In the last four national elections, Americans made it clear that we won’t accept the economic stagnation we’ve suffered during this past decade. Obama’s policies of higher taxes and greater regulatory burdens suppressed economic growth to a dismal 1.5 percent annual average – about half the post-war growth rate of three percent.
Reagan averaged 3.5 percent annual growth by reducing the tax and regulatory burdens crushing the economy. The result: one of the greatest economic expansions in American history.
Considering the looming deadlines to enact the bill, the hyper-partisan political environment and the complexities of the tax code itself, personal income tax simplification should wait for another day.
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The imperative should be clear. The American corporate tax rate of 35 percent is the highest in the industrialized world. True, lots of special interest loopholes to politically connected companies bring the average rate to 18.6 percent. That’s precisely the problem: Companies that haven’t gotten these breaks have fled the country – taking trillions of dollars and millions of American jobs overseas.
By closing the loopholes and lowering the rate to an internationally competitive 20 percent, economists tell us we can add $5 trillion to the American economy over the next decade (averaging $40,000 per family).
Those who dismiss this as “tax cuts for wealthy corporations” don’t understand the dirty little secret of corporate taxation: corporations don’t pay corporate taxes – they only collect them. The only people who pay corporate taxes are consumers (through higher prices), employees (through lower wages) and investors (through lower earnings – think pensions and 401(k)’s).
Lowering the corporate tax rate not only means restoring America’s global competitiveness, it invariably translates into lower prices, higher wages and greater returns on savings and investments.
The personal income tax side is also important, and here, Congress is getting wrapped around the axle.
Simplifying America’s Byzantine tax code is needed and overdue – but every adjustment has the potential for unintended and often ugly consequences. The Joint Committee on Taxation warned this week that while most families will see reductions in their tax burdens in the bill’s current draft, others (particularly in high-tax, high-cost states like California) will suffer increases, particularly over time.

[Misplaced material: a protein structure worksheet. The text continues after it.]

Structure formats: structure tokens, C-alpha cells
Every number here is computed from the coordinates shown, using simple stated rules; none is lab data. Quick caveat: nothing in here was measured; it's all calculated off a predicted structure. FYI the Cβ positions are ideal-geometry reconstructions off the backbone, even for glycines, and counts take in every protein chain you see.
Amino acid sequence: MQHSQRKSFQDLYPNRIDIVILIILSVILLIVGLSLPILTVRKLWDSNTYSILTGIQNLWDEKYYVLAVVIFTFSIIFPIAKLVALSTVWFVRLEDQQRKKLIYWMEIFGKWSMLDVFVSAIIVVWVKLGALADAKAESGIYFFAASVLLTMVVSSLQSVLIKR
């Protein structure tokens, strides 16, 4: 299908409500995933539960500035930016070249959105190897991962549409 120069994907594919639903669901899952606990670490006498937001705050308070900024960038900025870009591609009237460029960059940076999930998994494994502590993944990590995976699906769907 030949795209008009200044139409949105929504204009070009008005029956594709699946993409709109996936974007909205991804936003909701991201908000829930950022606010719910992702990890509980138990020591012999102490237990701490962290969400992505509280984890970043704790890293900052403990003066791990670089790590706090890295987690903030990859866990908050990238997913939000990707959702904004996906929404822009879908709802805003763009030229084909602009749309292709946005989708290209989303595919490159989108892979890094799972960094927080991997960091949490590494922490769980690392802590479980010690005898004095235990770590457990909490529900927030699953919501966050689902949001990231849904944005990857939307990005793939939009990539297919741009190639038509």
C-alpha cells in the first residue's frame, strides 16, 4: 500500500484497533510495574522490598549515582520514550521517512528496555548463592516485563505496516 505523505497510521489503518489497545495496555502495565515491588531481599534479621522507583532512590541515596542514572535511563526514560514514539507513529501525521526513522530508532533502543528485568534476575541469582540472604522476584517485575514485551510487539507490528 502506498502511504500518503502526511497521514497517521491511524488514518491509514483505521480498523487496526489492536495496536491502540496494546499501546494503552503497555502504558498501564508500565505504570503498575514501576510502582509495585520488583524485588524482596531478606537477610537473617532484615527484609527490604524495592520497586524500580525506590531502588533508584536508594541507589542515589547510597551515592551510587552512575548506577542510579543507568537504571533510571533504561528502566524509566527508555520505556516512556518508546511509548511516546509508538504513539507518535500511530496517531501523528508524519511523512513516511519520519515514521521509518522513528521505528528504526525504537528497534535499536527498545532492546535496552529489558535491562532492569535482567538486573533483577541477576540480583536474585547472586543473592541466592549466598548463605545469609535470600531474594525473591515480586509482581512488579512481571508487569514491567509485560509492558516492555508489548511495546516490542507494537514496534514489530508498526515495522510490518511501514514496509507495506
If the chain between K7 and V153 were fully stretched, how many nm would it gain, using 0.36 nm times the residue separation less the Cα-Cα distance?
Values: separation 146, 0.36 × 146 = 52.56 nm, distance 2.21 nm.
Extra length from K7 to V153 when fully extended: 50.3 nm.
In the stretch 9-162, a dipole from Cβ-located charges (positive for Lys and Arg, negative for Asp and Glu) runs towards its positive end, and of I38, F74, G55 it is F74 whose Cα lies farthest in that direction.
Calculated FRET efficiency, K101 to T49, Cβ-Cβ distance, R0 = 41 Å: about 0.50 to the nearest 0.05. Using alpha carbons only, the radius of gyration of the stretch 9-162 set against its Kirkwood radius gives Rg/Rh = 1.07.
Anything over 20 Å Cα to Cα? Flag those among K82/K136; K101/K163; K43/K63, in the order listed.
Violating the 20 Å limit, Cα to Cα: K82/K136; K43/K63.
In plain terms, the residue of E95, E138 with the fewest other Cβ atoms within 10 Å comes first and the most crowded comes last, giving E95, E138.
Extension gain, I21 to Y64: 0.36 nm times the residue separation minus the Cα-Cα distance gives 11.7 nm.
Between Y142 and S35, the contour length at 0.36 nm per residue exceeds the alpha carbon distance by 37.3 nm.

Congress should leave no taxpayer behind. Considering the looming deadlines to enact the bill, the hyper-partisan political environment and the complexities of the tax code itself, personal income tax simplification should wait for another day.
Congress should focus instead on the main objectives of tax reform: economic growth and tax relief for all families. This means leaving the current personal income tax structure in place while providing a permanent, uniform across-the-board reduction in the rates for all tax brackets. Using the current budget framework, we could reduce tax brackets between one and 1.35 percent, saving average families between $600 and $800 a year.
Regardless of what deductions or credits a family currently claims, their taxes would be guaranteed to go down. More importantly, this would reduce the marginal rate for all incomes, maximizing the benefit to the overall economy. Productivity depends on how much your next dollar is taxed.
The legislation that emerges from these deliberations will ultimately be judged by the prosperity it produces and the relief it brings to all American families. If it’s done right, the tax reform now taking shape in Congress can deliver that day. If it’s done wrong, we will have squandered the most important chance the American people have given us to materially improve their lives.
U.S. Rep. Tom McClintock, R-Elk Grove, represents California’s 4th congresssional district. Reach him at https://mcclintock.house.gov/contact.